Q&A with Billy Gartley

Simon Stephens, 11.09.2017
Dundee celebrates 150th anniversary of the McManus art gallery and museum
Billy Gartley is the head of cultural services at Leisure & Culture Dundee, which is celebrating the 150th anniversary of the McManus, the city’s art gallery and museum. Events include a party on 12 September that will be opened by the venue’s choir in residence, Loadsweeminsingin’. Staff will be on hand to chat to visitors about the history and work of the museum.

Why was the museum created 150 years ago?

The museum was originally called the Albert Institute for Science, Literature and Art and it was paid for by public subscription from 261 individuals. It was first occupied as a meeting place for the British Association for the Advancement of Science in September 1867 and at that time the premises were handed over to the Free Library committee. Britain’s leading architect, Sir George Gilbert Scott, was commissioned to design the building as a memorial to Prince Albert.

How have you been celebrating the anniversary?

To celebrate this major landmark we have put together an exciting year-long programme of exhibitions and events highlighting the important role it has played past and present as a major cultural attraction.

What have been the major changes over the years?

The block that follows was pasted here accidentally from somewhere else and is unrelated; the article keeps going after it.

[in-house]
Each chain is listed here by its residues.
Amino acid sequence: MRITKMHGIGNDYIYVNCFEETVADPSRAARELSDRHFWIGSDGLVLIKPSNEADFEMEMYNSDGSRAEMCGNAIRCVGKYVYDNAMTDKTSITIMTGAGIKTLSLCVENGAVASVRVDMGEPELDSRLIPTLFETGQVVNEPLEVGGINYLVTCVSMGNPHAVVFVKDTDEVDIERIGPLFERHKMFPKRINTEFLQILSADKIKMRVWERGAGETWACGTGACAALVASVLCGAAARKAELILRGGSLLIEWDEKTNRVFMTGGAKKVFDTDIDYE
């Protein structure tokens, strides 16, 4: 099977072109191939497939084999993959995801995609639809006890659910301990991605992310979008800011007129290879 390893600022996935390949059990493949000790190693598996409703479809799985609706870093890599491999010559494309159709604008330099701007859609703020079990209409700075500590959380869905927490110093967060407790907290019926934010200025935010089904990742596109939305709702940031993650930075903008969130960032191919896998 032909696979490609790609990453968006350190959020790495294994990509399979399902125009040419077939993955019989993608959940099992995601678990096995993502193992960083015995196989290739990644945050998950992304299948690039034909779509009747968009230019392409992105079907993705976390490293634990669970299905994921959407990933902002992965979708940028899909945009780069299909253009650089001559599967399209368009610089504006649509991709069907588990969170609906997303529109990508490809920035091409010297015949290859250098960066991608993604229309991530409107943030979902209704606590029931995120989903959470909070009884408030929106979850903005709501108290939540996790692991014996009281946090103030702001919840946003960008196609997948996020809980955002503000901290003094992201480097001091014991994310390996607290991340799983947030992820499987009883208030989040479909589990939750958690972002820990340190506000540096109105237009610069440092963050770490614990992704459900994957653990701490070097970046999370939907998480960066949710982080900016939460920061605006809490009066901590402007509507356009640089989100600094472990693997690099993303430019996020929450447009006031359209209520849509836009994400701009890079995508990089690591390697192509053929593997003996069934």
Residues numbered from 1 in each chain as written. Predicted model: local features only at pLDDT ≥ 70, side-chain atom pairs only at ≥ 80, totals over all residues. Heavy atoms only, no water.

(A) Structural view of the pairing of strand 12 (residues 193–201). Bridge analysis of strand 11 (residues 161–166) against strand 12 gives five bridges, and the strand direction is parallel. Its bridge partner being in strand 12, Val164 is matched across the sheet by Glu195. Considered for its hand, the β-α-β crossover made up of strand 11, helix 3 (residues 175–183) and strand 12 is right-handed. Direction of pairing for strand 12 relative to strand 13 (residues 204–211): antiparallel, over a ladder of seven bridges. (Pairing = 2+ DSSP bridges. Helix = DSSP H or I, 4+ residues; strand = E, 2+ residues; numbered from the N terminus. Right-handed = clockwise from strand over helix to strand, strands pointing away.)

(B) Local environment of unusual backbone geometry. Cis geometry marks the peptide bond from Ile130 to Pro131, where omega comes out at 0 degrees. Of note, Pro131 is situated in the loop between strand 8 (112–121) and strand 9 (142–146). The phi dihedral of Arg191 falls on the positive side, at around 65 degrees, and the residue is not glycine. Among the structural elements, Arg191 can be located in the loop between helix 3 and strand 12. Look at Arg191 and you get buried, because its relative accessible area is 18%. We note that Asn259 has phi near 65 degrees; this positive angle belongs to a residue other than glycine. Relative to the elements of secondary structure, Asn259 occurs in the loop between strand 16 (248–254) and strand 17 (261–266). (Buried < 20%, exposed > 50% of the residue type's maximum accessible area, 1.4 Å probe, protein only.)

The McManus was built on former marshland immediately north of the old city walls of Dundee and over the years the building has been beset by problems. However, an extensive renovation programme that took place between 2006 and 2009 brought the facility into the 21st century and provided a platform for a greatly improved visitor experience. The revitalised McManus: Dundee's Art Gallery and Museum reopened to the public on 28 February 2010.

What are the key strengths of the collections?

The city’s diverse and wide-ranging collections reflect the story of Dundee and its hinterland, and also evidence the city’s role in the rich history of Scottish art. The collections include objects of national and international significance. Dundee’s fine art, applied art and whaling industry collections have recognised status, awarded to collections of national significance by the Scottish Government. Other parts of the collection include archaeology, history, world cultures and natural history.

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